He doesn’t offer a solution to this conundrum, but concedes it could severely affect the economics and medium-term viability of shale oil.

    You can see this confirmed here, btw:

    http://www.eia.gov/naturalgas/crudeoilreserves/

    Where, if I’m reading correctly, by far the most new natural gas resources discovered have been from shale/tight oil drilling.

    It’s beyond me to know what all these factors really add up to, so just putting them forward for discussion and consideration, not to be argumentative.

  24. Ikonoclast
    September 2nd, 2012 at 14:31 | #24

    One of the concerning things it all adds up to IMO is more fossil fuel for the “Burn the Lot” lobby to recover and sell. Certainly, capitalists with interests in oil, gas and coal are funding the climate change debunking propaganda. They are also funding the “renewables will never work” propaganda. They pay for many scientific charlatans and shills to write on the net pretending to be ordinary concerned citizens.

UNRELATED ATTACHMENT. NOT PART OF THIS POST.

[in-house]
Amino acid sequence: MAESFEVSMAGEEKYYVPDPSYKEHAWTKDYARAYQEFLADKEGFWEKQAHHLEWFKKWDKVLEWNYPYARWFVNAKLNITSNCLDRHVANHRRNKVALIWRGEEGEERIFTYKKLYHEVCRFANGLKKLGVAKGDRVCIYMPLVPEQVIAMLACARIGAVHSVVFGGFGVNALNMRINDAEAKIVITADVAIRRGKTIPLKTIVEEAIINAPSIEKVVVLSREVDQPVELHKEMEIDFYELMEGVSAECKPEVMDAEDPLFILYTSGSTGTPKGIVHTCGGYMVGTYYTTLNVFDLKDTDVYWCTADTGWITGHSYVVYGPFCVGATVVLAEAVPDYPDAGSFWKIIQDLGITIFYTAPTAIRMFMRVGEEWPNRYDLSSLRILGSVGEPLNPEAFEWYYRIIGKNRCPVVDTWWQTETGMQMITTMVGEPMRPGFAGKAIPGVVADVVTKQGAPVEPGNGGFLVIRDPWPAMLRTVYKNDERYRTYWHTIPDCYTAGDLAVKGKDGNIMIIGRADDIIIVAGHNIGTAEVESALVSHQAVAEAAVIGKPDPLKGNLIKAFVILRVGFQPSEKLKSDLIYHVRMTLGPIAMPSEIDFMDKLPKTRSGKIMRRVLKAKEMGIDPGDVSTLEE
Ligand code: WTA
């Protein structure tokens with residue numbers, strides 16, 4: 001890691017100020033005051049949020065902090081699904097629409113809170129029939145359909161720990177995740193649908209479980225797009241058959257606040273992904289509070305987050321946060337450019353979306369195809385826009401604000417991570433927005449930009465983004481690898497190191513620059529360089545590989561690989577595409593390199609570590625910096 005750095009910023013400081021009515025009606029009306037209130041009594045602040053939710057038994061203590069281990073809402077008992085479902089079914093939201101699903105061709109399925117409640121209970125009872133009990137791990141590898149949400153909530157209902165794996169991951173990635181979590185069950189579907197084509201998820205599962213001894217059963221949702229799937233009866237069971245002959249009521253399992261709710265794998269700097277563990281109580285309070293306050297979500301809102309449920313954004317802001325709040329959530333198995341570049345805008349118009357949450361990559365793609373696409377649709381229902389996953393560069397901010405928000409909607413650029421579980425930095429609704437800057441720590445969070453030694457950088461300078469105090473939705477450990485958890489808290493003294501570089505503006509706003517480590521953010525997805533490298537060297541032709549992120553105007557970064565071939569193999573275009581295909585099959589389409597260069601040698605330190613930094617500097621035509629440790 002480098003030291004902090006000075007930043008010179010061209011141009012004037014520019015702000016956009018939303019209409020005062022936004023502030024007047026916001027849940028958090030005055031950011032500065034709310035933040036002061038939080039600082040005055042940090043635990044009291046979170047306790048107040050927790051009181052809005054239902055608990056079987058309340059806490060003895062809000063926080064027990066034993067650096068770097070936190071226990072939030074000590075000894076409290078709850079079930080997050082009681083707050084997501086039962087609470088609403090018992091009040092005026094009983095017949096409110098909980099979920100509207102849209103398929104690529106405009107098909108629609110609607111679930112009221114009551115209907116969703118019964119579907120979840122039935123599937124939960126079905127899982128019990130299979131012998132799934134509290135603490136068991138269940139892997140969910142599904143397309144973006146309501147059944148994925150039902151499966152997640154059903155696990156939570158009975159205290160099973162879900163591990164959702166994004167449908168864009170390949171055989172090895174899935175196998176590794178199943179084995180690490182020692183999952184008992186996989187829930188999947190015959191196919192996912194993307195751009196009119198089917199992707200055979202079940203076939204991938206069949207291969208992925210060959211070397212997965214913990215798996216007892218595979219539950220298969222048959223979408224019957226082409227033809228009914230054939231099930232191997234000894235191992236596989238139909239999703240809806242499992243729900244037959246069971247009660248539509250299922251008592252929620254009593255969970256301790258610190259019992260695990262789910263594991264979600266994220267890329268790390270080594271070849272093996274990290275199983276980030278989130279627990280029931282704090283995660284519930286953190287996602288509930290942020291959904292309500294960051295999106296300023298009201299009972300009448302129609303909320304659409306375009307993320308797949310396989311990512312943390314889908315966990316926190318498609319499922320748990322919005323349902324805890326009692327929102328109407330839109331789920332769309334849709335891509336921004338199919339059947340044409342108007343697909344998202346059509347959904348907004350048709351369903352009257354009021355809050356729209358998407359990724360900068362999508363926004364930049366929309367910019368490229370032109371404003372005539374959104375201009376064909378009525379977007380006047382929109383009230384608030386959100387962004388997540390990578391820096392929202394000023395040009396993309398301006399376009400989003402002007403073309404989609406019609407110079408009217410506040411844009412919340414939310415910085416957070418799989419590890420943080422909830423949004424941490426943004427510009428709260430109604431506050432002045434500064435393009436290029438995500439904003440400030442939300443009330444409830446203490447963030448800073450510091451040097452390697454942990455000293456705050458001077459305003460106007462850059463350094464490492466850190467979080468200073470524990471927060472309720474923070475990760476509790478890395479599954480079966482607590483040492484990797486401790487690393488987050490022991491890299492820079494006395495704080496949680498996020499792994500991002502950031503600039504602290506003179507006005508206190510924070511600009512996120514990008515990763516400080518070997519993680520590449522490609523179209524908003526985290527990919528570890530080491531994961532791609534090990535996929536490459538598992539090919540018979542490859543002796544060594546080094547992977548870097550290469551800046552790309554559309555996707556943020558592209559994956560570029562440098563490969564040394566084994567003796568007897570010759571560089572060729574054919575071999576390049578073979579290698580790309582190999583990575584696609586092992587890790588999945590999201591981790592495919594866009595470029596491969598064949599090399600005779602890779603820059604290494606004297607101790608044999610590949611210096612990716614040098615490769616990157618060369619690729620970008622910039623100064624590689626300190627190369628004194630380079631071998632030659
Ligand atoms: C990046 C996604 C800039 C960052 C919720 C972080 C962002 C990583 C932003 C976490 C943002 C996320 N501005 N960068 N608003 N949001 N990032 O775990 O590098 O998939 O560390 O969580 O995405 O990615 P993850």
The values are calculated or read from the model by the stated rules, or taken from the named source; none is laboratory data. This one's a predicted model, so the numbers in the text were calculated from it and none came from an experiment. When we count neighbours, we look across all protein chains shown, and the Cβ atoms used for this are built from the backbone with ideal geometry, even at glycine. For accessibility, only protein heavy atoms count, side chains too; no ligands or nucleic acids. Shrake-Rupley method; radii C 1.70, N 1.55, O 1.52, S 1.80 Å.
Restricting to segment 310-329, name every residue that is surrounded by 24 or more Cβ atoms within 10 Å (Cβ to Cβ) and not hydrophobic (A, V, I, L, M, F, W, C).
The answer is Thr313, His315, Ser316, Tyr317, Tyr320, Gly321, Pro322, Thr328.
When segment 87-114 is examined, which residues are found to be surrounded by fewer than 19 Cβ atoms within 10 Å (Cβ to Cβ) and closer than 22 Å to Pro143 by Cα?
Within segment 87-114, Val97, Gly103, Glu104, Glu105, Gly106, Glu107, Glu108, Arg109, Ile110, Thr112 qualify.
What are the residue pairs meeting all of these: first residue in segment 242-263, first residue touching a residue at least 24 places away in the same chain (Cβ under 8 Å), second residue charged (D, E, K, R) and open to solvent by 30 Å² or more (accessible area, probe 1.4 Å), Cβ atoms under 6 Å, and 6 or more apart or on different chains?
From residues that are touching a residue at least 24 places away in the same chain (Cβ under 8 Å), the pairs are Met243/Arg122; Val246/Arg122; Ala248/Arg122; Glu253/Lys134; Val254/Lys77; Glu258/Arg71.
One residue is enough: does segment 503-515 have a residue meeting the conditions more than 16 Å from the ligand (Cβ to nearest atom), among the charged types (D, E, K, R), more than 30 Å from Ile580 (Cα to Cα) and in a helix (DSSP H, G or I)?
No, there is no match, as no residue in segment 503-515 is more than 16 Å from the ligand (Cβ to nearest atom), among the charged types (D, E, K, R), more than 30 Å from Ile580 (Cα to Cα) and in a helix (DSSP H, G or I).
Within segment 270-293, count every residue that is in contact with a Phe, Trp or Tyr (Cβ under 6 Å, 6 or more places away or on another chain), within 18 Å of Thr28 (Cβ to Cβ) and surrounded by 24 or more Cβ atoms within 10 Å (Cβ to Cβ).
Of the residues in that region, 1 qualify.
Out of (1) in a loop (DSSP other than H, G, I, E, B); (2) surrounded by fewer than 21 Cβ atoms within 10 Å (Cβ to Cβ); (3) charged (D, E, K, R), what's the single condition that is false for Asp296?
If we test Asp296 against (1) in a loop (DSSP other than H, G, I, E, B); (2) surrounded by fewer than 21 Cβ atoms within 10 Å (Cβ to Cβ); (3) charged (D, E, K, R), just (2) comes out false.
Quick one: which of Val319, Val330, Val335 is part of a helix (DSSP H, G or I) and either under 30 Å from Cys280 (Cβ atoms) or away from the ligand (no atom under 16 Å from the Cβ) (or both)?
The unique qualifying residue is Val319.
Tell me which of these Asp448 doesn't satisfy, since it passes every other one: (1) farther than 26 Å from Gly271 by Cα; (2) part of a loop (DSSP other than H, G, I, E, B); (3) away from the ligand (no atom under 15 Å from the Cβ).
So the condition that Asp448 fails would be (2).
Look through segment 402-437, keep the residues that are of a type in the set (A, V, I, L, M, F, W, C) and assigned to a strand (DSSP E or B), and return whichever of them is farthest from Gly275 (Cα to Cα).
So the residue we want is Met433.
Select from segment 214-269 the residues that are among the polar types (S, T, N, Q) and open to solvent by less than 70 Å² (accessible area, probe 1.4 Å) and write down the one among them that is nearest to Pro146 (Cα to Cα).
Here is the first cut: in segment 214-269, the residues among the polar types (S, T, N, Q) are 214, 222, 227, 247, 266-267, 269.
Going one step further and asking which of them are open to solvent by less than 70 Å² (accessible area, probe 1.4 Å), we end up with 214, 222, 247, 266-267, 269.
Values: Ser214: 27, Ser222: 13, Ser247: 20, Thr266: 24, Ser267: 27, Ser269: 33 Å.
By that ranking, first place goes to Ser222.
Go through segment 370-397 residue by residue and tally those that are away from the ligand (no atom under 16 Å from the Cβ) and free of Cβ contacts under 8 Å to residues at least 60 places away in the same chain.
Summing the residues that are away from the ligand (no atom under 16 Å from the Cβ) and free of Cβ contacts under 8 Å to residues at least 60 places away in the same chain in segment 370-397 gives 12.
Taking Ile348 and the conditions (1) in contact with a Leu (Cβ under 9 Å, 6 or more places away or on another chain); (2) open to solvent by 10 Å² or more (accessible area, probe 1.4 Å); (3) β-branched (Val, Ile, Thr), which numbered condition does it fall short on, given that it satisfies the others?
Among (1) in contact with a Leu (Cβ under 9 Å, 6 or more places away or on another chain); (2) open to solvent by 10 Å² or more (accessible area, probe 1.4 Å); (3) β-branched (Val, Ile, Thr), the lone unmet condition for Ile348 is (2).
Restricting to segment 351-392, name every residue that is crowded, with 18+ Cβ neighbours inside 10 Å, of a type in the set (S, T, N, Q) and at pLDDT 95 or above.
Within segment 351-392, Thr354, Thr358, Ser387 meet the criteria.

All this propaganda is very effective. When I bring up these topics in general conversation with family, friends and acquaintances, the majority say things like this. “Climate change? The science isn’t settled yet.” , “Wind and Solar will never work.” , “Wind is too intermittent and the sun doesn’t shine a night.” They think rebuttal of all the genuine science is this easy.

    It’s scary how propagandised and closed their minds are. And most of them are smart enough to know better.

  25. Nick
    September 2nd, 2012 at 16:31 | #25

    Ike, probably most common “c’mon, even if what they say is true, surely it’s not going to be as bad as they say…”